ATLANTA — Two bills are making their way through the Georgia State Senate, and both pieces of legislation are sponsored by Republican lawmakers. First, SB390 would loosen restrictions on librarian certification and cut funding to any programs tied to the American Library Association. Twenty-two GOP state senators are behind the bill. The ALA is the only group that can accredit librarians in the state of Georgia, according to the Secretary of State’s Office.
Supporters of SB390 say ALA’s leadership believes in “Marxist” ideology and taxpayers should not have to support them. Another portion of the bill states ALA has used its certification process to promote its political beliefs.
ALA sent 11Alive the following statement in response:
ALA is closely following Georgia Senate Bill 390 and is working to obtain more information about the proposed legislation. We remain committed to ALA’s mission of providing essential support, resources, and opportunities for every library and all library workers across the nation to ensure that every person and community has access to a library that provides free and unfettered access to a wide range of information that benefits all community members.
Another bill, SB394, would require the state board of education to establish standards for school books, as well as define what material might be construed as “harmful to minors, restricted materials, and sexually explicit.” The bill calls for a ratings system to be implemented to determine how explicit a book may be. These standards would be updated on an annual basis if the bill passes.
State Sen. John F. Kennedy is a sponsor of both bills. Earlier this week, he addressed media at the state Capitol on some of the legislation Republicans would promote in the weeks ahead.
“Our priorities reflect the issues that Georgians are focused on,” Kennedy said. “Our members are committed to delivering on good, common-sense policies for Georgia families. We will tackle what matters to Georgians, kitchen table issues, with an aim to keep Georgia on track to be the best state to live, work and raise a family.”
Tracey Nance is a former Georgia Teacher of the Year. She opposes both bills, calling them an attack on civil liberties that put Georgians’ identities, experiences and access to information at risk. Nance said these efforts follow other efforts to try and ban books in Georgia schools.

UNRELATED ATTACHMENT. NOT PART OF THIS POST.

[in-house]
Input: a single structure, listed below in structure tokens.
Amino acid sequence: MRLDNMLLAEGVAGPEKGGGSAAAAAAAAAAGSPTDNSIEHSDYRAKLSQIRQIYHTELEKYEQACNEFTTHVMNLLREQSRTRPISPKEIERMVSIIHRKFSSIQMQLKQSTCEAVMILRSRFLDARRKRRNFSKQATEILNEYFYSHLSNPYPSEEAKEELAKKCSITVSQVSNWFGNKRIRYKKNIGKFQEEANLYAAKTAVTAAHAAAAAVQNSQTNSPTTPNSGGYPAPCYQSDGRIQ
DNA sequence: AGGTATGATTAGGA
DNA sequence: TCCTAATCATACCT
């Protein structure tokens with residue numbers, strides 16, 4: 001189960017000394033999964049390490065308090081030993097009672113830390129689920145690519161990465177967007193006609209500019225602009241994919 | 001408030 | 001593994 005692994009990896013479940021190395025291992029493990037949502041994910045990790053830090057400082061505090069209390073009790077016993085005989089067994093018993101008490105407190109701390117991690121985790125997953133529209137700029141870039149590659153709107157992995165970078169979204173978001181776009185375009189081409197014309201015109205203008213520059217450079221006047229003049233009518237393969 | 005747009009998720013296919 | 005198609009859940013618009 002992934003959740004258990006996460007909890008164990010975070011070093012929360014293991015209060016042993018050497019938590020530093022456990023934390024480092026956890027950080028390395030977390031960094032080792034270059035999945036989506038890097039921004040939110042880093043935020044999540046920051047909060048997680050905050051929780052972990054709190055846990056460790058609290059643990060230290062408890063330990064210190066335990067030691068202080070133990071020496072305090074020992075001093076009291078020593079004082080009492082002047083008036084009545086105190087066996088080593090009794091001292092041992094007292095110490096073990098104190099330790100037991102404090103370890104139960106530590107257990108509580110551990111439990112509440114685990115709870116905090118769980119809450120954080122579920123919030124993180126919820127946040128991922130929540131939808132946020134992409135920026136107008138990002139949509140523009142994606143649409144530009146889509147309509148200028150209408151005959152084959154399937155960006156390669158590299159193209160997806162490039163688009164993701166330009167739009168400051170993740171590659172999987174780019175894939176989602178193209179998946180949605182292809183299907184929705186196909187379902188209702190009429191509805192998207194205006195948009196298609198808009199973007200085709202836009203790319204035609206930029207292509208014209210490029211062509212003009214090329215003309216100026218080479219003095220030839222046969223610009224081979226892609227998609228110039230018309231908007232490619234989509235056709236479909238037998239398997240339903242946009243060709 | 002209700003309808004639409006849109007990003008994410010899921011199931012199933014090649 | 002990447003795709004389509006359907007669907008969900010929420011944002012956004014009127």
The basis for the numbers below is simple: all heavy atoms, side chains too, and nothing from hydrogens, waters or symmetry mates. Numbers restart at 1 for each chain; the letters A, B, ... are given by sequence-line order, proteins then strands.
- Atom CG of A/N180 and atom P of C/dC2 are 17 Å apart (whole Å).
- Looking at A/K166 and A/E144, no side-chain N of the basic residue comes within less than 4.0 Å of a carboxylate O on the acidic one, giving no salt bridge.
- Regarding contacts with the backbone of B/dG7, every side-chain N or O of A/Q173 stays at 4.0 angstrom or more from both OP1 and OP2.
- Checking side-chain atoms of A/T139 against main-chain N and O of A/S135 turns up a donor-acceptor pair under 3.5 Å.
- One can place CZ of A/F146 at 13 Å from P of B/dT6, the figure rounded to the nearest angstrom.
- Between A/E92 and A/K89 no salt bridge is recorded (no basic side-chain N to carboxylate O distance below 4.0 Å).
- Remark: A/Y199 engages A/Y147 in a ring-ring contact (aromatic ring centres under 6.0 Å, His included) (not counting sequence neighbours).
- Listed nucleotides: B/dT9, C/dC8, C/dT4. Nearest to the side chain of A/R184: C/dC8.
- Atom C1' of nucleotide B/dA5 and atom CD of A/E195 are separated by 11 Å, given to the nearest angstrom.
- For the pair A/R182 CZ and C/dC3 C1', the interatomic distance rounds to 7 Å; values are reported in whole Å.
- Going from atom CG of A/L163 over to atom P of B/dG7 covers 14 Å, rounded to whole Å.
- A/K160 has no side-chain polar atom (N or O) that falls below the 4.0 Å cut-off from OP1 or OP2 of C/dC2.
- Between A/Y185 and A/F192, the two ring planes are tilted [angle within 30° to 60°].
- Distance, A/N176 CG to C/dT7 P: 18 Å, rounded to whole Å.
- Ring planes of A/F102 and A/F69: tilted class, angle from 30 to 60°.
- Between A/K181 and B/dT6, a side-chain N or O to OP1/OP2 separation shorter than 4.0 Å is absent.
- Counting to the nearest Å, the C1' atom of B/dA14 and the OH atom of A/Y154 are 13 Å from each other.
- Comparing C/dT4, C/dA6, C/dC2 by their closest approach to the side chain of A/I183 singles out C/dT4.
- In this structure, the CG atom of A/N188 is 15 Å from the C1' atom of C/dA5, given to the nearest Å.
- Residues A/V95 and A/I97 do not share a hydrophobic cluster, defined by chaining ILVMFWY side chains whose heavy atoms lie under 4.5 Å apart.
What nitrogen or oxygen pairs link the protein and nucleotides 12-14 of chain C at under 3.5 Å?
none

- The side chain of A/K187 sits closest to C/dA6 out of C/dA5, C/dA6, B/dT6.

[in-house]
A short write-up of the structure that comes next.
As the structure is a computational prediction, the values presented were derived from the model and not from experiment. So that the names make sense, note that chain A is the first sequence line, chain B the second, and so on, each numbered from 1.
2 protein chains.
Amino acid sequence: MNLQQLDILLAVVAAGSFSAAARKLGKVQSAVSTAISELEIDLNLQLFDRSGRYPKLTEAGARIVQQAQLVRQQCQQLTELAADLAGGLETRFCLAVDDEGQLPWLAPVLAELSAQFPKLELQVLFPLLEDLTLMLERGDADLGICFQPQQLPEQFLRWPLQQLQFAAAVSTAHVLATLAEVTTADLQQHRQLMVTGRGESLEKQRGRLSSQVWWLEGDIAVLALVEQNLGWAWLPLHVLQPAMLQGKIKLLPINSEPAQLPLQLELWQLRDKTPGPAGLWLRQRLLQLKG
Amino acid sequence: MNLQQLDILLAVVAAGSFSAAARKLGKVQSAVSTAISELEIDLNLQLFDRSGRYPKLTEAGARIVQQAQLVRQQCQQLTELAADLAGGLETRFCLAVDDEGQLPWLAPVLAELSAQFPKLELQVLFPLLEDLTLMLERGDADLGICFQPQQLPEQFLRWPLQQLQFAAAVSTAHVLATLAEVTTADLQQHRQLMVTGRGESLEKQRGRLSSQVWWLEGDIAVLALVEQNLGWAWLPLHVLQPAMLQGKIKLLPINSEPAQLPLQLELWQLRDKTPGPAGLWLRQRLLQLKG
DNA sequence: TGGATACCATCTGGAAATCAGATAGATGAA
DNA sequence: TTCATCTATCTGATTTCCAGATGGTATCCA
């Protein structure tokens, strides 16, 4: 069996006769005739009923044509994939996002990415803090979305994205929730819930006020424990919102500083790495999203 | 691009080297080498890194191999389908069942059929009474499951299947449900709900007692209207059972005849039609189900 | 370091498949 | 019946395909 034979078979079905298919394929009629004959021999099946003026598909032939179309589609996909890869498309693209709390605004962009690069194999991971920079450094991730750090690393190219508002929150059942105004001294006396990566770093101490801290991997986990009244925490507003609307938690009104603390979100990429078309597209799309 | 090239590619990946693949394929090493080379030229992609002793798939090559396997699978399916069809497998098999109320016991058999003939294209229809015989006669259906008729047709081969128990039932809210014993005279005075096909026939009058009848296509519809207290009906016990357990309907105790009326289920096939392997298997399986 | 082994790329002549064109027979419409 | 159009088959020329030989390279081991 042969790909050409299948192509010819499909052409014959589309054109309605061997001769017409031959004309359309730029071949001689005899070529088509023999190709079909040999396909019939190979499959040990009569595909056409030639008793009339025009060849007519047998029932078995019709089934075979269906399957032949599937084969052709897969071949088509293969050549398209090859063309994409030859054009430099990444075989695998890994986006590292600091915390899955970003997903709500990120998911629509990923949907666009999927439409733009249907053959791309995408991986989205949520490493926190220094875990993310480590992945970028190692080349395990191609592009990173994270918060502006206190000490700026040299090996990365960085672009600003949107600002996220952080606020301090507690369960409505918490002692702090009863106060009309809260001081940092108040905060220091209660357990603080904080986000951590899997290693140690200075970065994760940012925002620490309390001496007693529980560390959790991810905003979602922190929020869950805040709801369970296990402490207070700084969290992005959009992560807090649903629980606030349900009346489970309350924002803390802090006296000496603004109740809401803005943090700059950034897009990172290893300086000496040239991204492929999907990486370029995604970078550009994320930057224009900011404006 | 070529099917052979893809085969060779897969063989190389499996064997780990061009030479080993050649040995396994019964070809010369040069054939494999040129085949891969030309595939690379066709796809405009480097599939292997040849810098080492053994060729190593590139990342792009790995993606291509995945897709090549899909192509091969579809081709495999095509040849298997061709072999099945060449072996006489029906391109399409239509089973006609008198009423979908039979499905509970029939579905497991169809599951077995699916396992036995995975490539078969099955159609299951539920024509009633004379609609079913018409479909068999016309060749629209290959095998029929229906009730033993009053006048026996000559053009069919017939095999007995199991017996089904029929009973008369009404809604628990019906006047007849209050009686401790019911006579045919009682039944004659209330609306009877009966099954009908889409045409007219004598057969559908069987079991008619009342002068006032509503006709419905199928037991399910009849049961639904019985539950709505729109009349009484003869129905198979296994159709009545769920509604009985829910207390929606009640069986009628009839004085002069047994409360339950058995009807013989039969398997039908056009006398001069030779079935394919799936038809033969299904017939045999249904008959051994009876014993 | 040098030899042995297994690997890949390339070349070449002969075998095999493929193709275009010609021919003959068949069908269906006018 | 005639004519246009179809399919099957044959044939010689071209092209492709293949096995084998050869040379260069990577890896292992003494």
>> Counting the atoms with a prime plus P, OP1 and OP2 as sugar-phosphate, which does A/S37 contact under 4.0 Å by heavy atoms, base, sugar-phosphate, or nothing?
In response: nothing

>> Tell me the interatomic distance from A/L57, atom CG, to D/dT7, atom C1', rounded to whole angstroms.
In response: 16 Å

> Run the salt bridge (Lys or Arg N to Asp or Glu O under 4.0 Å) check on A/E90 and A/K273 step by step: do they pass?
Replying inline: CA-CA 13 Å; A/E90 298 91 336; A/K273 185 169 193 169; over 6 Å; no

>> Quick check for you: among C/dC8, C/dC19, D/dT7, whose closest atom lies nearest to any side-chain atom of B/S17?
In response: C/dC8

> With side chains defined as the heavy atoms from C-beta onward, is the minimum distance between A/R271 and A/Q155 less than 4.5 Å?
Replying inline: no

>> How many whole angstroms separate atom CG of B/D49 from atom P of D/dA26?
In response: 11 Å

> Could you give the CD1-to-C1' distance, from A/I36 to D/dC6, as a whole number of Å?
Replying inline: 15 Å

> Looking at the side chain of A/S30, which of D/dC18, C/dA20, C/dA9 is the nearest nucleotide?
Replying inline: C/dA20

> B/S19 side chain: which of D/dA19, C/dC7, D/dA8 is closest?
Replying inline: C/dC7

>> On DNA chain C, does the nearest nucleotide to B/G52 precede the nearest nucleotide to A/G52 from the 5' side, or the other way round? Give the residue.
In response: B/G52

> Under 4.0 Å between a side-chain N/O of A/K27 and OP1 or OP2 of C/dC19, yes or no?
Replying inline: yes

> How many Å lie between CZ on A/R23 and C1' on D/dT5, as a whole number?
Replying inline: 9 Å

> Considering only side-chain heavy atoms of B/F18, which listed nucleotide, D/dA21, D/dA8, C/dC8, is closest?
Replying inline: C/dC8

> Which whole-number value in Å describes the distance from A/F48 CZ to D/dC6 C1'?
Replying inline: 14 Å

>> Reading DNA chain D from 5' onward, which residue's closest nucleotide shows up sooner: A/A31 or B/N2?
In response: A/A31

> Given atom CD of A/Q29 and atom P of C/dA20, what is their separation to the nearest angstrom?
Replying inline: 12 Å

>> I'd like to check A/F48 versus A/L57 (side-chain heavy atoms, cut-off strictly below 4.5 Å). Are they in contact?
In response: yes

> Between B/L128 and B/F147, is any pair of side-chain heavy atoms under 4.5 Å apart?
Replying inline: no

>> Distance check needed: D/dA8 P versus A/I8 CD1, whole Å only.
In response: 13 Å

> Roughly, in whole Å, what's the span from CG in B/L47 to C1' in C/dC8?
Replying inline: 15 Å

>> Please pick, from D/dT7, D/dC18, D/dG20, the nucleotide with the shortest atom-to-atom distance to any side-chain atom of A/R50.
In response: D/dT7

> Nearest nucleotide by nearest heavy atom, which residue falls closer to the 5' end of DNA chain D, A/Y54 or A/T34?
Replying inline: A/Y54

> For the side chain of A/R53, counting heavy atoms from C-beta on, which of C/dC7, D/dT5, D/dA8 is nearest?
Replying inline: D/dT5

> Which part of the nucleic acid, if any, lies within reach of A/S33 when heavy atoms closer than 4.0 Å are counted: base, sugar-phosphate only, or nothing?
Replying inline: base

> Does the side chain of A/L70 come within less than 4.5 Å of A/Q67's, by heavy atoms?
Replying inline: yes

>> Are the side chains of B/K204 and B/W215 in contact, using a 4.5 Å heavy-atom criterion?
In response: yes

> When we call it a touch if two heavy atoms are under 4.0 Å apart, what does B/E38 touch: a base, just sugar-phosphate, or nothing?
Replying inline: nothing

“These bills seek to intimidate rather than to teach,” Nance said. “If you’ve ever deeply connected with a book and found yourself experiencing that representation, that sense of belonging, books do that for us. And these bills, themselves, they’re threatening to take that away from our kids.”
Decatur High School sophomore Nia Batra fears the passage of these bills could mean the very books she grew up with could no longer be found in her school library.
“I’m Asian and queer myself,” Batra said. “I really needed those books growing up, and with a bill like this and its vague language, those books are going to be the first that educators take off the shelves in fear of prosecution. I really wish politicians would focus on what my peers actually need, like appropriate funding and counseling services.”
Rhonda Thomas, founder and president of the nonprofit Truth in Education, supports both bills. She said the inappropriate material found in some library books could lead to mental health issues and violent behavior.
“We want to protect those children that are too young to really process this,” Thomas said. “We’ve talked to librarians across the state, teachers and school board members. They’re not all happy with this.”
Thomas claims since these books can be found anywhere, removing them from K-12 bookshelves won’t prevent kids from reading books that would be deemed inappropriate.
“Our children are a gift,” Thomas said. “We need to protect them from what’s out there that’s actually seeking to harm them. Why would we not want the best for our children? Why would we not want them to be safe and protected?”
If passed, both pieces of legislation would take effect on July 1, 2025.